By RICK HAYES email@example.com
---- — MT. VERNON — A permanent records system for Jefferson County court cases will soon be available.
Circuit Clerk John Scott has taken on the daunting task, through a contract agreement with HOV Services to scan the mountains of files now sitting in the courthouse basement onto CD’s and microfilm.
““We’re overrun with old files, numbering in the thousands,” Scott said. “Obviously, before this technique was developed, clerks had to keep storage areas and keep records. This has been a project that I looked at and anticipated since I took office in 2006.”
The project is being paid out of the Circuit Clerk’s document storage fund, which the county collects through fines and fees at no cost to taxpayers. The documentation storage fund has grown from $25,424 in 2006 to $254,974. Scott is also able to pay one of his clerks through that fund and the court automation fund, as well as file folders, paper, and anything related to document storage.
“Through the hard work of my staff and due diligence in watch that fund, we can now work on this project,” Scott said.
Jimmy Bradford, who Scott described as a “numbers man,” has been hired for part time duty four days per week to place the files in proper numerical order and in boxes for the various court offenses. Bradford is the brother of former Jefferson County Sheriff Roy Dean Bradford, and has 56 years of experience in various parts departments for Ford Motor Co.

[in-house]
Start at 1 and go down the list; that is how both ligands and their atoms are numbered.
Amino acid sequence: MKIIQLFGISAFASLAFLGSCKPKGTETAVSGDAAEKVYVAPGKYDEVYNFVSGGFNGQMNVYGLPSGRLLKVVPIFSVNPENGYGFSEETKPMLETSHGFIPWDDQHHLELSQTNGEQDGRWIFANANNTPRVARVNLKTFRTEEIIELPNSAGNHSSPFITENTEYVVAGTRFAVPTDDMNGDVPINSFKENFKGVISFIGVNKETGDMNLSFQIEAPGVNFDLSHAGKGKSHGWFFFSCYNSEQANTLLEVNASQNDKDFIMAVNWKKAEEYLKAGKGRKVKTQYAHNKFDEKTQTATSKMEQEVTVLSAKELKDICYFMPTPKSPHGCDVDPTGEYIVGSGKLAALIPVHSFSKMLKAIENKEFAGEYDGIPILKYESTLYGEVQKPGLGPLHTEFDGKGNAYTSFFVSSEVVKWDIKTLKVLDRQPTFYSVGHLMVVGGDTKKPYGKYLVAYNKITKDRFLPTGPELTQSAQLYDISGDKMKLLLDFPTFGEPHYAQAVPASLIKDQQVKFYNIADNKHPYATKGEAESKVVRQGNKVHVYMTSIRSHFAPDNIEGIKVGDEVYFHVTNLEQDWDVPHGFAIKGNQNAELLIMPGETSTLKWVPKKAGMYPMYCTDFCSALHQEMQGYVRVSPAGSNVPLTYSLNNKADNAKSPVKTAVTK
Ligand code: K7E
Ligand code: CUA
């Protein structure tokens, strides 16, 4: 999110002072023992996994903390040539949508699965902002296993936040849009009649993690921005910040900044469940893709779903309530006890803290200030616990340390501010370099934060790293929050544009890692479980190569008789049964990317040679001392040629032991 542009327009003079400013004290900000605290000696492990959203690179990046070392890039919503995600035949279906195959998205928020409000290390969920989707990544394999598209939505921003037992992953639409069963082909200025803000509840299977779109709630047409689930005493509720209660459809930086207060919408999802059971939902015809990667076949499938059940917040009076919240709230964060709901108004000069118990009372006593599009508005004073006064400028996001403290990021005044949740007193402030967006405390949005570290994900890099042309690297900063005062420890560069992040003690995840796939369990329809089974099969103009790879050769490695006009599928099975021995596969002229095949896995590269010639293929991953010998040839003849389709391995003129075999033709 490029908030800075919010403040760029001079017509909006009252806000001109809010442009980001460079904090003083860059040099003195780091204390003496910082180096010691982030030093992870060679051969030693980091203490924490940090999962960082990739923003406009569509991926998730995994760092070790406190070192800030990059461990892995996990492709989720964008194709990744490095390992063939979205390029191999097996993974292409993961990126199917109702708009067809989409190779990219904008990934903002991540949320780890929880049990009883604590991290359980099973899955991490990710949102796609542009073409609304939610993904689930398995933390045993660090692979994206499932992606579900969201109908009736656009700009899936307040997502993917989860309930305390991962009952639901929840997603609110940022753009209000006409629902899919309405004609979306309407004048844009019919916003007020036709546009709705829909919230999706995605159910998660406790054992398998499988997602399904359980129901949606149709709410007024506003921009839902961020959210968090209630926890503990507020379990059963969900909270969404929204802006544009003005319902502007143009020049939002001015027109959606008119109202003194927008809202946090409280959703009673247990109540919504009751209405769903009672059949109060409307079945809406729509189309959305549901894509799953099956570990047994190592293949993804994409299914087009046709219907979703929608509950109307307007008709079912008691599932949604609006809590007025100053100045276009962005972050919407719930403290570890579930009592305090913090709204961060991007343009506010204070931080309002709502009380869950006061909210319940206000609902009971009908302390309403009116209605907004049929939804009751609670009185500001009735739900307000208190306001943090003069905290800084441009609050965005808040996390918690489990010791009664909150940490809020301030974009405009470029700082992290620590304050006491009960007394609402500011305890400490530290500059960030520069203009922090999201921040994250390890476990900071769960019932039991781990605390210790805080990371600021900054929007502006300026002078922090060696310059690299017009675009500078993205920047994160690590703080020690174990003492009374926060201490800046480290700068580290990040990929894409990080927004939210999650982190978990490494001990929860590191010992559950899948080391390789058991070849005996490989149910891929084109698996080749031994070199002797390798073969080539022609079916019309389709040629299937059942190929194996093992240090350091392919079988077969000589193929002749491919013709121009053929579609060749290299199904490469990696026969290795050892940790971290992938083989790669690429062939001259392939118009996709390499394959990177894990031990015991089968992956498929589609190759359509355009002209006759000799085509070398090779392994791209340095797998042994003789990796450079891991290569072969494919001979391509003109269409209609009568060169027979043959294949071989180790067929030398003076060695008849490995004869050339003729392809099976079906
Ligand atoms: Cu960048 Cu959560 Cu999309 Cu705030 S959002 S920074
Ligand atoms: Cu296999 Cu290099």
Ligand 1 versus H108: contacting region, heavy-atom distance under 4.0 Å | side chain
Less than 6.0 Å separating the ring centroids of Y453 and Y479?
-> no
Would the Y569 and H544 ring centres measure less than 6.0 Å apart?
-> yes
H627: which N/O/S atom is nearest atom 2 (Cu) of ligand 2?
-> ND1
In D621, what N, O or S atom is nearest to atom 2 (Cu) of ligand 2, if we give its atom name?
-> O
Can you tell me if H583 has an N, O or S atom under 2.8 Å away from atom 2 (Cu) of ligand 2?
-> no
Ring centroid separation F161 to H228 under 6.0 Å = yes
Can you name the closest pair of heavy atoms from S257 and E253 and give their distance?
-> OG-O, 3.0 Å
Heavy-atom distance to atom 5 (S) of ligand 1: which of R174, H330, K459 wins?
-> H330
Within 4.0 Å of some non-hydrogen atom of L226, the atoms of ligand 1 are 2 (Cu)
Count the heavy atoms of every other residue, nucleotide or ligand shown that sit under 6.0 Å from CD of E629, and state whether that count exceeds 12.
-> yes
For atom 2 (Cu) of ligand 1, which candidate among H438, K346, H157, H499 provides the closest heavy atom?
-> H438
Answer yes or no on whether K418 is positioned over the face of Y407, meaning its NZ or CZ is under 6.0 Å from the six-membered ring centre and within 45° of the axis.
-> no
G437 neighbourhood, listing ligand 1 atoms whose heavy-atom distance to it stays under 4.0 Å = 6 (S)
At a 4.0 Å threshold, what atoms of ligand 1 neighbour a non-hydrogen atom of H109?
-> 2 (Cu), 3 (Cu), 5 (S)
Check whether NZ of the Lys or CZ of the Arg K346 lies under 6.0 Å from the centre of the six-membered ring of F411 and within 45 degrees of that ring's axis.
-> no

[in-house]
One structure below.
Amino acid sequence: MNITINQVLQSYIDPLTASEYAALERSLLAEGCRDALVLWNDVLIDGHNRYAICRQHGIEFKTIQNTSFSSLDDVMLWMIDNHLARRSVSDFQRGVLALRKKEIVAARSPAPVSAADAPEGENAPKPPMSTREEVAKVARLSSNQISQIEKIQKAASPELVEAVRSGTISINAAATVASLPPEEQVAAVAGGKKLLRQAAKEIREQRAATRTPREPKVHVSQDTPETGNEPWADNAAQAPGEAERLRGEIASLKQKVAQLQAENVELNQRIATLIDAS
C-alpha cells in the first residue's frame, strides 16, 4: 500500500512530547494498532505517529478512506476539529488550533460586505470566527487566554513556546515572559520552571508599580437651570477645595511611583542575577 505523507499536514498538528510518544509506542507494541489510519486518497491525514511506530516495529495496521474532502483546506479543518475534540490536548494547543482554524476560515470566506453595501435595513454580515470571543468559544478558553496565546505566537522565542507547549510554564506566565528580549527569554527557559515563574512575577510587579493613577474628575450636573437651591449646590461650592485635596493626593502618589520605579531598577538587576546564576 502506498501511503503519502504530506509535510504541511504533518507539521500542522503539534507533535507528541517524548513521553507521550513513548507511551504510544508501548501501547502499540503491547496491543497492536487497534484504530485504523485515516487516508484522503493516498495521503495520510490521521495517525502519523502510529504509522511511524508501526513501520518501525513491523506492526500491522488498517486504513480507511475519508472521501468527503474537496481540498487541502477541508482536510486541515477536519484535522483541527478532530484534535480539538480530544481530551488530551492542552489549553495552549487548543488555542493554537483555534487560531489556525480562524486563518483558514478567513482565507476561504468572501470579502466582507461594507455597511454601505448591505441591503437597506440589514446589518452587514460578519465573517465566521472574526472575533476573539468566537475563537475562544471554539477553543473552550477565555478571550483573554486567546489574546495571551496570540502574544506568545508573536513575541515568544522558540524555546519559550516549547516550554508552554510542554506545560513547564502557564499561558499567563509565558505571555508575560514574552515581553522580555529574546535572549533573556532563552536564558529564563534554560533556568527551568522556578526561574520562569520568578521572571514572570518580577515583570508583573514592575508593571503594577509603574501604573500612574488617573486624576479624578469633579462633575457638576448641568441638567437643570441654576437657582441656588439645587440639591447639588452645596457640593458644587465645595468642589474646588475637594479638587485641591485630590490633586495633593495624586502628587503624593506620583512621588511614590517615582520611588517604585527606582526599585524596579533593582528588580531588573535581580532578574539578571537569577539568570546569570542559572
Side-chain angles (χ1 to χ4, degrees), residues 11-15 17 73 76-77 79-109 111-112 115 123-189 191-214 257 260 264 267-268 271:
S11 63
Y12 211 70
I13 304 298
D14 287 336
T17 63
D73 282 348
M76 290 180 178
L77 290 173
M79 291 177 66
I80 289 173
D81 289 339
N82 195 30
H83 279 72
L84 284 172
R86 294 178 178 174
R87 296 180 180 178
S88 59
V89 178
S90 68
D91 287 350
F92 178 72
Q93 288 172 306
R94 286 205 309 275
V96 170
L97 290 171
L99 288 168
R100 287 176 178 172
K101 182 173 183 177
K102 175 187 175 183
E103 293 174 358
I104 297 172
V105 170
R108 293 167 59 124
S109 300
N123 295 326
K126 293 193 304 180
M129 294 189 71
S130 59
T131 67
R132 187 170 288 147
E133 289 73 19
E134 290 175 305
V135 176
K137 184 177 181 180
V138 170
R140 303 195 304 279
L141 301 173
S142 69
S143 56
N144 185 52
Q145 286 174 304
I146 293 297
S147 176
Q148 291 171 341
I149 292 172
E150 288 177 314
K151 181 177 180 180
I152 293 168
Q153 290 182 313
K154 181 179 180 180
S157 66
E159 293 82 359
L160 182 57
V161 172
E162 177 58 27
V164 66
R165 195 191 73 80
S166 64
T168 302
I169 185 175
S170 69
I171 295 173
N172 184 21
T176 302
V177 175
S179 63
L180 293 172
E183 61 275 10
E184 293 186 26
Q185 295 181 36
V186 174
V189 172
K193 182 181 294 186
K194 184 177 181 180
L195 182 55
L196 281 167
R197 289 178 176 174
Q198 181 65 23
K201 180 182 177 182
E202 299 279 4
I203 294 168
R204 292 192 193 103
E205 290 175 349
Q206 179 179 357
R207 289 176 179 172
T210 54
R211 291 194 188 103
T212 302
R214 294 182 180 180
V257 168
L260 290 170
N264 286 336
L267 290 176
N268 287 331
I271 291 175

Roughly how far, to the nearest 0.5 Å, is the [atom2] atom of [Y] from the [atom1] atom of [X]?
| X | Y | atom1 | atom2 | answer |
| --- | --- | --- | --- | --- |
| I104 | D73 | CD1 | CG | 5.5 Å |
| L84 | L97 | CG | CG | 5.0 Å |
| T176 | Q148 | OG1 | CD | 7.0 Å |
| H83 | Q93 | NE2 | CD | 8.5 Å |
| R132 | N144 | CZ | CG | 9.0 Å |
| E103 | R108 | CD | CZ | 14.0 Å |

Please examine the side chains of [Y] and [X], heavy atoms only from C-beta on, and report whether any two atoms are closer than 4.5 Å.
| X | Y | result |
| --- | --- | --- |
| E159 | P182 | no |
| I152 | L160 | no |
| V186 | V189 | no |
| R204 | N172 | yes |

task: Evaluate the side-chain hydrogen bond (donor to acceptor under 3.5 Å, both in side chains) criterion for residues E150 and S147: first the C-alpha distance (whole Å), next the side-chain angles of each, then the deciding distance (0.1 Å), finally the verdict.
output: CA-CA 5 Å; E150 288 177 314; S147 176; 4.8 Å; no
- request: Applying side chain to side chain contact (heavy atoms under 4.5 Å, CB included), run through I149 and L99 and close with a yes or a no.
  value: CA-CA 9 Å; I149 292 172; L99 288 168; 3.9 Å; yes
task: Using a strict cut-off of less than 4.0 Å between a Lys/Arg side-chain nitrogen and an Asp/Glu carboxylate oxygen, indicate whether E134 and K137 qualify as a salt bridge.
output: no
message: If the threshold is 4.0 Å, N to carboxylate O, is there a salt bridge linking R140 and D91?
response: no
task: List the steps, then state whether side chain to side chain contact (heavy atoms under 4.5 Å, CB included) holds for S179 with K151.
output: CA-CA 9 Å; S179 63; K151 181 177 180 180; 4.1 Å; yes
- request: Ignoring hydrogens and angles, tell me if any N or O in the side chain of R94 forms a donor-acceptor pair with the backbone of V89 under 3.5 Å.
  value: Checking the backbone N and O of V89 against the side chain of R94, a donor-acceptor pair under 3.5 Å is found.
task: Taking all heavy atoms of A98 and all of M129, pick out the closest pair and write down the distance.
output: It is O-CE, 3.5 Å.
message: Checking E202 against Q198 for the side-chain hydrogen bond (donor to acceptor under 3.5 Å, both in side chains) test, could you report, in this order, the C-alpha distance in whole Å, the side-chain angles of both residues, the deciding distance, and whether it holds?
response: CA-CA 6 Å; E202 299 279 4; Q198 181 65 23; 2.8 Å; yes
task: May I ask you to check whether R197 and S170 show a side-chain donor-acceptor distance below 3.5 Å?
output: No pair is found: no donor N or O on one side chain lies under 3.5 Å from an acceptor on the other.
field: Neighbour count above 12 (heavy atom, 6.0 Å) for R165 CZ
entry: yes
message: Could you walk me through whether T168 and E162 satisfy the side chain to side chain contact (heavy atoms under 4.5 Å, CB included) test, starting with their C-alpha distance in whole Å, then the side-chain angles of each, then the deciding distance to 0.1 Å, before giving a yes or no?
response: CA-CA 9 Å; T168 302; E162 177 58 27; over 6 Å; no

“Once these files are scanned they are put on a CD and brought back to the circuit clerk’s office. They are also put on microfilm — one to the state archives and one comes back to the office for storage,” Scott said. “This office will use the CD’s to look up old cases.”
Scott said the project will free up room in the courthouse, in the Circuit Clerk’s office, and to further automate the office and the court system.
Since November, Bradford has been placing DUI and misdemeanor files from 1996 through 2008 into boxes to be sent off to HOV Services, based in Rantoul.
“They have to be closed files and the defendants can not be on supervision or probation,” Scott explained. “We have a tentative date of March 1 for HOV to come down here with a semi to pick up what we have ready to go.”
Scott estimated 100 boxes of files will cost approximately $20,000 to process and scan.
The nine employees of the Circuit Clerk’s office all have their own printers, and Scott said eventually he would like for all the employees to have their own scanners to update current cases.